Committee for a Responsible Federal Budget

SGR Bill a Good Start but More Can Be Done for Less

The Congressional Budget Office, on Friday, estimated that the Energy & Commerce Committee’s (E&C) bill to permanently replace the flawed Sustainable Growth Rate (SGR) formula is expected to cost $175.5 billion from 2014-2023, $36 billion higher than the cost of a permanent freeze in Medicare physician payments.

Congress must address the SGR by year’s end to avoid a 24 percent automatic cut in physician payments – and there has been increased interest this year in a permanent fix to take advantage of the unusually low costs in light of the recent slowdown in health care cost growth.

As we’ve said before, we are glad to see Congress working proactively to enact a long-term fix, rather than the usual temporary patch. Critically, the E&C bill seeks to use this opportunity to incentivize higher quality, more coordinated care through quality-measurement and the development of “alternative payment models,” and Congress has committed to find offsets for any SGR replacement. (You can read a full description of E&C’s proposal here).

Medicare's Payments to Physicians: Budgetary Impact of SGR Replacements (billions, per fiscal year)

  2014 2015 2016 2017 2018 2019 2020 2021 2022 2023 2014-2023
Frozen Through 2023 $8.6 $13.4 $13 $12.7 $12.7 $13.8 $15 $15.8 $16.9 $17.2 $139.1
1% Annual Update $8.8 $14.3 $14.6 $14.9 $15.6 $17.6 $19.8 $21.8 $24.4 $25.9 $177.7
E&C Bill $9.0 $13.5 $13.5 $13.5 $14 $16.5 $19.5 $22.0 $25.5 $28.5 $175.5

Source: CBO

However, while the aims of the bill to encourage higher-quality care and desire to find offsets are commendable, the plan could be improved to do more to control long-term health spending and provide stronger incentives for providers to move away from fee-for-service (FFS) reimbursement. The administration, for example, has called for SGR reform at the cost of a pay freeze ($139 billion over 10 years). Proposals from the Simpson-Bowles Fiscal Commission and MedPAC were estimated to cost roughly 10 and 33 percent less, respectively, than a freeze.  And by extending penalties to all Medicare providers (not just physicians) who don’t join a more organized delivery model, the Bipartisan Policy Center’s SGR replacement is likely able to more than pay for itself. By comparison, the E&C bill costs 26 percent more than a freeze – including 66 percent more in 2023.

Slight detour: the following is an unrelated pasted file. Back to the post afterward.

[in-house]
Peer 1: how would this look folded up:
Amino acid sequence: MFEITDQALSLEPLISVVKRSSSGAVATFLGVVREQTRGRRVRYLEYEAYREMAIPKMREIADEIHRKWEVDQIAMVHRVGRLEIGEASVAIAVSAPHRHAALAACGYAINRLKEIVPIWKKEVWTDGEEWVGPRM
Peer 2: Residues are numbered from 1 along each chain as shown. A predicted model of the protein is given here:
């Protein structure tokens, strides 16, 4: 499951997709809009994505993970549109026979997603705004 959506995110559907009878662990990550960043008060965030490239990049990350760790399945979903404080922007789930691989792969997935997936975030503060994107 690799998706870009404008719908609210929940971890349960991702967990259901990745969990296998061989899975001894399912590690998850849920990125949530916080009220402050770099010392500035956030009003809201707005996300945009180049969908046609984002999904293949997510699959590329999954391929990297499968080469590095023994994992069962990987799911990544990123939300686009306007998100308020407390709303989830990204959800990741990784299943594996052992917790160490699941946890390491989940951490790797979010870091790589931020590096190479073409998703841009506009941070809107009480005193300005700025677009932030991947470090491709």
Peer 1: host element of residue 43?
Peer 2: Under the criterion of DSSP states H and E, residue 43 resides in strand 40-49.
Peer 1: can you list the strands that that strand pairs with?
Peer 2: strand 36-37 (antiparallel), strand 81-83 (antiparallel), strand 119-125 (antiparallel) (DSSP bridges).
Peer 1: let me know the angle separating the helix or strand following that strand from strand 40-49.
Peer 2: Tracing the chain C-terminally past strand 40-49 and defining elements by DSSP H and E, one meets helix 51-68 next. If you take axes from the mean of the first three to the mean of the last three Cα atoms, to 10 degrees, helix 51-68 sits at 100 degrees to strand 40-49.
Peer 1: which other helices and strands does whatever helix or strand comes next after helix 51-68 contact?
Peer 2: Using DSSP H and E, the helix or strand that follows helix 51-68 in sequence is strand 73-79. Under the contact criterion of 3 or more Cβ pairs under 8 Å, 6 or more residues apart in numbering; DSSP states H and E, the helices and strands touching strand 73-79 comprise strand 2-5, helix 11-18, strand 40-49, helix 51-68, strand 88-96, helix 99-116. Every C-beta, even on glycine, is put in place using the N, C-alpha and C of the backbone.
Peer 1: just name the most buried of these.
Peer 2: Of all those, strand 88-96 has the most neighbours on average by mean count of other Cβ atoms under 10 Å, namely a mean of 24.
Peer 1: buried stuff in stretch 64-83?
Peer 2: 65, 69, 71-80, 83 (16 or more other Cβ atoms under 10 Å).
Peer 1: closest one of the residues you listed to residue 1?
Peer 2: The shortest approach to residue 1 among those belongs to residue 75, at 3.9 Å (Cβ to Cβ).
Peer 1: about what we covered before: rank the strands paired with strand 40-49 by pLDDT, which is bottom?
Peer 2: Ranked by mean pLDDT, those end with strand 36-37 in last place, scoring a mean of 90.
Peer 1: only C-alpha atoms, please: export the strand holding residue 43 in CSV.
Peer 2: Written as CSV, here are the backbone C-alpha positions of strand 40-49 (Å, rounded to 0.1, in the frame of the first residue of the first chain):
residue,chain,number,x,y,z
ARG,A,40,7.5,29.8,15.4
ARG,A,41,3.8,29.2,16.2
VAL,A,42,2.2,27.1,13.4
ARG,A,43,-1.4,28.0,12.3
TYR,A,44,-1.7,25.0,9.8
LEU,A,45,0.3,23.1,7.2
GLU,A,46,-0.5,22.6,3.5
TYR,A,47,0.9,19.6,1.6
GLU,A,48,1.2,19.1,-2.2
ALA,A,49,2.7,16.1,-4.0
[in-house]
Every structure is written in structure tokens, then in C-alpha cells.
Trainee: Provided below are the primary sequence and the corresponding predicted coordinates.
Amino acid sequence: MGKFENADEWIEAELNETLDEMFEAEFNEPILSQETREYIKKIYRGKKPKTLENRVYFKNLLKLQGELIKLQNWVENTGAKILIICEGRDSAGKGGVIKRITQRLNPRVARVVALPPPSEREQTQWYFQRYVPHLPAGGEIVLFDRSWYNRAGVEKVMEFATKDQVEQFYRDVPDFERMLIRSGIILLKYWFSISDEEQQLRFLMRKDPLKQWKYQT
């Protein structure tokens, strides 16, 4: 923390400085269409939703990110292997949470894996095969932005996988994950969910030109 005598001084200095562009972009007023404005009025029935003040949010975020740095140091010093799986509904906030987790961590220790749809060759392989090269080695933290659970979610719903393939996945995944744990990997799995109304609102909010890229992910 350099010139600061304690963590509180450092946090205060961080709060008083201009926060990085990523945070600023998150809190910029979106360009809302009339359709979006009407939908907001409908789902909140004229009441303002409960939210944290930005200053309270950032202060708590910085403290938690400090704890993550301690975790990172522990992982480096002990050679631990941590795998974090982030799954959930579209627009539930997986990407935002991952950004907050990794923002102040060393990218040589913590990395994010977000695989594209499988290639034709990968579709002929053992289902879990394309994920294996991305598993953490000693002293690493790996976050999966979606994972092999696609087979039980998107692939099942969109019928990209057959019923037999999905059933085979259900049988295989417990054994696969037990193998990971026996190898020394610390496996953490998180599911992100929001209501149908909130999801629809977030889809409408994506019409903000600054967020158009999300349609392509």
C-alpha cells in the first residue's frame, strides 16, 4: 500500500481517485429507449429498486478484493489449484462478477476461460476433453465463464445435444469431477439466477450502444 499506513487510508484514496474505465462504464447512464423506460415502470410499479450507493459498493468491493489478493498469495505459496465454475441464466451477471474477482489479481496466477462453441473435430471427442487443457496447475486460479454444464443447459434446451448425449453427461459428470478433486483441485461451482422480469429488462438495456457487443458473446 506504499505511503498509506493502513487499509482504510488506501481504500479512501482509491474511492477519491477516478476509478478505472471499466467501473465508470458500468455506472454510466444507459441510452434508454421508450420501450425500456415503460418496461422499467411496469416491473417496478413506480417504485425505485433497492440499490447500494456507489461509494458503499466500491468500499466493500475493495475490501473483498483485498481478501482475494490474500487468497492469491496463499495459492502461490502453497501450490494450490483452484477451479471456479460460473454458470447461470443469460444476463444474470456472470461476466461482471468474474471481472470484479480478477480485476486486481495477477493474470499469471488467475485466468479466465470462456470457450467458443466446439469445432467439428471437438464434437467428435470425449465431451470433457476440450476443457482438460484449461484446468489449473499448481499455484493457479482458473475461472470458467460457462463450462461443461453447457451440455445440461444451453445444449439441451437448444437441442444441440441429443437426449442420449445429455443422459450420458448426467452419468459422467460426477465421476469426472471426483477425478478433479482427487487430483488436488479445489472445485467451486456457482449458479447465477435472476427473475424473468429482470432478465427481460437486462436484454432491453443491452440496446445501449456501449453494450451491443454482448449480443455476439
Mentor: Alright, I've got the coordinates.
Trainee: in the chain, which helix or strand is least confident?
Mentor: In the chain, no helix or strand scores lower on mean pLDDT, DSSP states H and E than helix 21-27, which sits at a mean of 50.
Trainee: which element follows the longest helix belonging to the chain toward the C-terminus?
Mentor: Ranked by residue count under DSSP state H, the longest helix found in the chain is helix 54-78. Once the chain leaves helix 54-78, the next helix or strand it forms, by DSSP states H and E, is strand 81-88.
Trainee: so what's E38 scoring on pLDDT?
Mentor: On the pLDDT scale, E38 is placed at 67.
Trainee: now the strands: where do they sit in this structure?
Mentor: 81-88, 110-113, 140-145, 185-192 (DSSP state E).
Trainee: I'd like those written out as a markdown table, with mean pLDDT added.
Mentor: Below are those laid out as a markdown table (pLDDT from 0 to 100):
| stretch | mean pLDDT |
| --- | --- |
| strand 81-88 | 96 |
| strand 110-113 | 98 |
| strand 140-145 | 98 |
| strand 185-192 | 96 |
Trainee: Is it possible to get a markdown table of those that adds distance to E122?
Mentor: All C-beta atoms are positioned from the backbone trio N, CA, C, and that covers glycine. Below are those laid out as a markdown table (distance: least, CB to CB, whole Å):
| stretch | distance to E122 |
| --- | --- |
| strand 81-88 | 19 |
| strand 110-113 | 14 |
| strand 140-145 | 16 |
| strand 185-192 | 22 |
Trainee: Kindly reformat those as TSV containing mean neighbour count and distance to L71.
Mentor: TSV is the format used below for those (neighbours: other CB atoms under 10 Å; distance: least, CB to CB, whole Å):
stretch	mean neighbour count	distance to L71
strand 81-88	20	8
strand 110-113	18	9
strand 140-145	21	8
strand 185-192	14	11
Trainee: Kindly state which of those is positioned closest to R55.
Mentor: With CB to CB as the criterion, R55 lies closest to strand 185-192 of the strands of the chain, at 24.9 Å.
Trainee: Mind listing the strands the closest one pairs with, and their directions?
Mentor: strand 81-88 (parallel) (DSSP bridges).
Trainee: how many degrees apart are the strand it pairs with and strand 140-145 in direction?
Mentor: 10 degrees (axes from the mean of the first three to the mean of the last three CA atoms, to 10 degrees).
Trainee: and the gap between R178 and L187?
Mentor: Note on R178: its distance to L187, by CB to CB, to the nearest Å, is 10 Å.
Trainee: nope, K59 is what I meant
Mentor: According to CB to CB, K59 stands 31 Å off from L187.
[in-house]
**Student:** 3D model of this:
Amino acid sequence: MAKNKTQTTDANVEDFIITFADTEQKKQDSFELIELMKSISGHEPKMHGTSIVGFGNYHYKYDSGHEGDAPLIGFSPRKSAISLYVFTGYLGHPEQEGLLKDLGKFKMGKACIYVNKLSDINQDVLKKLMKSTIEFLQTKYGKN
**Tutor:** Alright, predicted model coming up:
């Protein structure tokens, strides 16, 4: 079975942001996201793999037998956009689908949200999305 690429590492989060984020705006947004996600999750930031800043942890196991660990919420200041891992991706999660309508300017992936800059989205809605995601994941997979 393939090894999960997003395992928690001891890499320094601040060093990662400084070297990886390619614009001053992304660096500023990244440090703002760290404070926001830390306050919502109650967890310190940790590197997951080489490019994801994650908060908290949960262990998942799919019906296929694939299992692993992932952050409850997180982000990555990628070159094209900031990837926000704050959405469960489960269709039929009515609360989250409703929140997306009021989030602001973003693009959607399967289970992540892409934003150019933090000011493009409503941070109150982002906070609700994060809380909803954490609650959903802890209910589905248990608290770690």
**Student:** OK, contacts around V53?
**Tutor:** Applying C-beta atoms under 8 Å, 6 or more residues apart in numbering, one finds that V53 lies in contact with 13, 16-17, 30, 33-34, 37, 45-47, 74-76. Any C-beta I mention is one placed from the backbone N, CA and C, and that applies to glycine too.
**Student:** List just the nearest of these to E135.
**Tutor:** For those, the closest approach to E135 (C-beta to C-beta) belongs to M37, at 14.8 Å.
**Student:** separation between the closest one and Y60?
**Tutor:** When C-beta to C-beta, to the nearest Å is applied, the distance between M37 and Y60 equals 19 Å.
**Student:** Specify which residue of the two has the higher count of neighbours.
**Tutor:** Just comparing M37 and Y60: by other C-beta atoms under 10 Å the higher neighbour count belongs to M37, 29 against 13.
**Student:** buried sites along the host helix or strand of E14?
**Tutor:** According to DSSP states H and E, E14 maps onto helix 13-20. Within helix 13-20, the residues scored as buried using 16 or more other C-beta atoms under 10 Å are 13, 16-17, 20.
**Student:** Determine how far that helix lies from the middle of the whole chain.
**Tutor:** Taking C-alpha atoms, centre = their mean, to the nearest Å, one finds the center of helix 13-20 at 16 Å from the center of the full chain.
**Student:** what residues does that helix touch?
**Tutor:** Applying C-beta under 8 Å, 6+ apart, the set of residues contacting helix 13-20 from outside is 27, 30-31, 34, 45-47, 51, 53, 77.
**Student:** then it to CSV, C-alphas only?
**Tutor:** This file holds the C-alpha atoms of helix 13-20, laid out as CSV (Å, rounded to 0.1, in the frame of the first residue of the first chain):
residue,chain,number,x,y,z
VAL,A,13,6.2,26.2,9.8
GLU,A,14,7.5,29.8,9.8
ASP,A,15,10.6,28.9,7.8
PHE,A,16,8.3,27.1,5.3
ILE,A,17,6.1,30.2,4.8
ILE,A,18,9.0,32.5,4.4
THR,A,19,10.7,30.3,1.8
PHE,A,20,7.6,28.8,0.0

The relatively high expense in 2023 indicates that while costs are only moderately higher than those of a freeze this decade, costs could be substantially higher thereafter. Moreover, even if the costs of the E&C bill are offset, the more health care savings that are used in this process, the less we’ll have for much-needed debt-reduction.

The key features that sets these more cost-effective recommendations apart is that they rely more heavily on sticks, rather than predominantly on carrots, and rely less heavily on physicians to set their own payment rates. MedPAC’s proposal, for instance, would actually reduce physician payments for services other than primary care by about 3 percent annually for 3 years, while freezing primary care payments. BPC’s recommendation would reserve payment updates only for providers (including hospitals and post-acute facilities) who join or contract with an enhanced, enrollment-based version of Accountable Care Organizations (ACOs). And the Fiscal Commission would demand that an improved payment system save at least as much as a rebased SGR.

A recent report from the Moment of Truth Project and the National Coalition on Health Care, Achieving Real Savings through Better Care, which focuses on the potential of delivery and payment system reforms to control costs, can serve as a guide to both formulating an SGR replacement and offsets (and even more offset ideas can be found here). The report recommends “policymakers consider policy changes that create similar incentives encouraging coordinated care for all providers rather than just physicians … reimbursed through the physician fee schedule.” To move large numbers of providers away from the status quo of fee-for-service reimbursement, strong incentives, including penalties for lower quality, less coordinated care, will be needed. A bill could also benefit from a more precise definition of what will qualify as an “alternative payment model.”

By focusing on incentives to deliver higher-quality, higher-value care, the E&C reform proposal is an encouraging start. It includes important penalties for the substandard provision of care in addition to bonuses for high-quality care, but continuing efforts could draw lessons from other, more cost-effective approaches. But regardless of the form that a potential SGR replacement takes, Congress must soon turn its attention to the more contentious task of finding offsets.